Test Drive (1987)
By: Accolade Genre: Driving Players: 1 Difficulty: Medium
Featured Version: Atari ST First Day Score: 7,460
Also Available For: Amiga, PC, Commodore 64, Amstrad CPC, Apple II
There are a few games you could credit with the surge in popularity of racing games on home systems during the 90’s but the one that sticks in my mind most is probably The Need For Speed on the 3DO. Not only was this unexpected release fantastic but it was also quite realistic. The many, manysequels that followed it soon went down the manic, arcadey route rather than continuing the approach of the original and this is also true of most of the similar games that starting appearing. Amongst my favourite of these were the Test Drive games on the PlayStation. The series had undergone a ‘reboot’ around this time (purely coincidental, I’m sure) but the first games in the series actually had a lot more in common with the original NFS.
In fact, I had forgotten just howsimilar the two titles are until I played Accolade’s game for the first time in about twenty years for this review! There’s no options before starting the game aside from one important one – the selection of your car. The choices here include many of the supercar favourites of the day – Porsche 911, Lamborghini Countach, Ferrari Testarossa, Corvette, and the good old Lotus Esprit Turbo. Each comes with a detailed stats screen to help you make your choice, after which you’re on the road, ready to go. The game is viewed from the driver’s perspective and each car can only be driven with manual gears, and it’s a full gearbox too, not the usual ‘low’ and ‘hi’ gears! There are five stages altogether with each separated by a stop at a ‘gas’ station where you’ll discover your average speed and points earned.
The stages are all segments of the same road which winds along a clifftop, movie-stylee – one side is sheer rock with the other side presumably consisting of a drop of equal sheerness! Normal traffic passes along the road in both directions now and then, although it’s not too busy, and there are also police radars which will summon a police car if you go too fast. There’s no time limit or other vehicles to race so you can approach the presence of the rozzers one of two ways: either go too slowly to bother them, or the way I’m sure most gamers will choose – go as fast as possible to outrun them! The supercar you’re driving isn’t a Daytona stock-car that will bounce around all over the place though – they’re very delicate things, even more so than I would’ve thought. Not only does hitting the rock face or another car cause you to crash (indicated by a smashed windscreen) but even revving the engine too high will result in obscured vision too!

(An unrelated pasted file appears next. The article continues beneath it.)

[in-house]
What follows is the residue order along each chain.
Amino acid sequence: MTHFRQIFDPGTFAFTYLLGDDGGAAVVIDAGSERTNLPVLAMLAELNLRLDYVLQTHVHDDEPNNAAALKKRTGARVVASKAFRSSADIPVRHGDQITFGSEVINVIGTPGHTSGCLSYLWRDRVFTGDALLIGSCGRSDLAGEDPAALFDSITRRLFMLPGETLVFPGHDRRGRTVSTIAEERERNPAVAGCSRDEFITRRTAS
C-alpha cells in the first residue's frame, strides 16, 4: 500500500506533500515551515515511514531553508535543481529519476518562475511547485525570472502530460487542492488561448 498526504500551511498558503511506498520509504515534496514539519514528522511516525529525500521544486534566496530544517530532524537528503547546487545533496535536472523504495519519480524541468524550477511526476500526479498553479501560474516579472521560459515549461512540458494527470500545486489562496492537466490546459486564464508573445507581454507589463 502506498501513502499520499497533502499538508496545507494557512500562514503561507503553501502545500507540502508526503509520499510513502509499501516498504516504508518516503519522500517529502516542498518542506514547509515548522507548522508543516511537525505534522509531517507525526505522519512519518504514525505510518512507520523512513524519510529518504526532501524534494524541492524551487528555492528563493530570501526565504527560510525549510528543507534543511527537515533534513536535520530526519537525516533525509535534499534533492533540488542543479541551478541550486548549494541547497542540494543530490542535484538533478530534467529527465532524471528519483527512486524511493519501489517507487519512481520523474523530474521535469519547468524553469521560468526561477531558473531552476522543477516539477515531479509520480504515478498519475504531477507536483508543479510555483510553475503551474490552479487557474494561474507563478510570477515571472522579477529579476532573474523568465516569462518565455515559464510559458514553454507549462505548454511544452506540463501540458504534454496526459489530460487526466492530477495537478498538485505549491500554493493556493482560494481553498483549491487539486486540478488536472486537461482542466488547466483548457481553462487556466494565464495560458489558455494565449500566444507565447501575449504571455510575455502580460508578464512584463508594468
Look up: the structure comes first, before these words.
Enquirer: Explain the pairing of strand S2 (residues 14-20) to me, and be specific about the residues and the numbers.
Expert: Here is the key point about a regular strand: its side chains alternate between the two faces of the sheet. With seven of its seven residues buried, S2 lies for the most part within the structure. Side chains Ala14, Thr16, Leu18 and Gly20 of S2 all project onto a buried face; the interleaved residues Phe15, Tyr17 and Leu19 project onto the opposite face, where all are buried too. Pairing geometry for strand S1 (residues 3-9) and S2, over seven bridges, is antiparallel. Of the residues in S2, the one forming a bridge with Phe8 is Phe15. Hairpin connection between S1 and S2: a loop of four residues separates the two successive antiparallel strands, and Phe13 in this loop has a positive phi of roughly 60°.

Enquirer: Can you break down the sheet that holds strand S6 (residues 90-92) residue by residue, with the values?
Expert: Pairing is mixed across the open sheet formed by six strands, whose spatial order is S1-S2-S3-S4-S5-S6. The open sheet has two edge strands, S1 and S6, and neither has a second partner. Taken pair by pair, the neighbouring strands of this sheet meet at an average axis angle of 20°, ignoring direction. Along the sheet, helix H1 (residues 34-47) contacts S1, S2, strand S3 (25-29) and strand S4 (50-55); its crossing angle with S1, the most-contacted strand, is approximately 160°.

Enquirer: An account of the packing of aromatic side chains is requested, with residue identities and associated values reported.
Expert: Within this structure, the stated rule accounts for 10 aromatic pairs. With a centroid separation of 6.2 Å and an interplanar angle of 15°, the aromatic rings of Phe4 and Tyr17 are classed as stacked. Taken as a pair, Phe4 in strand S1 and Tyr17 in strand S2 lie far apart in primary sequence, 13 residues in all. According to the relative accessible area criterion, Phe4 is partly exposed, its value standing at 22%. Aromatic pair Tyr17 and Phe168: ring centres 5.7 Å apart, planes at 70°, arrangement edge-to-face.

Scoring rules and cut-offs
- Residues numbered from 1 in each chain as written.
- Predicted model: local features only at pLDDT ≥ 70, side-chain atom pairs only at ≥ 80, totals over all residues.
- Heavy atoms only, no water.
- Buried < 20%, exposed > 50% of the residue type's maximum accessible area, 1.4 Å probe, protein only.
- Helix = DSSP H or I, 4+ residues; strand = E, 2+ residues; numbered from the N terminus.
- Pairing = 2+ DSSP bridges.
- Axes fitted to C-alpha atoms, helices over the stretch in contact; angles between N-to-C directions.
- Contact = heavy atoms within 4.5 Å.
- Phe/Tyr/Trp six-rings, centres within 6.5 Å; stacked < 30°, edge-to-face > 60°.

Fans of the original Need For Speed will no doubt find most of this very familiar but it appears that Accolade got there first! Indeed, Test Drive must have surely been the first ever ‘supercar simulator’ and it’s the opportunity to drive these amazing cars that provides the game’s biggest draw. To that end, it’s a pretty good game. Each of the cars handles differently and the roads, which later on feature the odd oil spill or pothole, are good fun to drive along. Graphically, I remember being mightily impressed with this all those years ago but the intervening years have seen it age considerably. The presentation screens are still lovely but the in-game aesthetics less so. The oncoming cars (and occasional big rig) aren’t too bad but the scaling can be quite poor. If you’re travelling at any decent speed they’ll often seem to appear from nowhere prompting panic-lunges to try and get out of the way in time!
Don’t think that the absence of any kind of time-limit means you can crash as often as you want either – five wrecks equals game over here! Talking of which, one area that Need For Speed improved dramatically is the crashes. EA’s game was famous for its spectacular comings together but the spectacle here begins and ends with the broken glass in front of you. Even the track-sides and backgrounds are rather dull too, and the sense of speed isn’t great, although there is a handy rear-view mirror. So, the visuals might have aged somewhat, which is understandable with this kind of game, but I’m confident the audio was never any good, or at least this version. There are a couple of short (and not especially nice) tunes but the in-game sound is restricted to a horrible engine sound and that’s it! So, this is certainly one to play with the sound turned down, but is it one to play at all?
Well, like NFS, I think Test Drive was probably made as more of a technical showcase than as a thrilling and involving racing game. Accordingly, there’s really not much to it – no opponents, no car upgrades, no forked roads, and certainly nothing as radical as a championship or tournament mode. What there is, though, is pretty good. No time-limit or opponents also means you can relax and drive how you want to rather than be forced to tear through the stages like a maniac, although having said that, the between-stage pit-stops do encourage you to up the ante (as well as provide the odd lairy ‘motivational’ comment) and the lure of improving your average speed is quite strong. It is all over pretty quickly though, so that, along with the number of superior examples of the genre on the ST and Amiga, means that this original probably won’t hold your attention for long
RKS Score: 6/10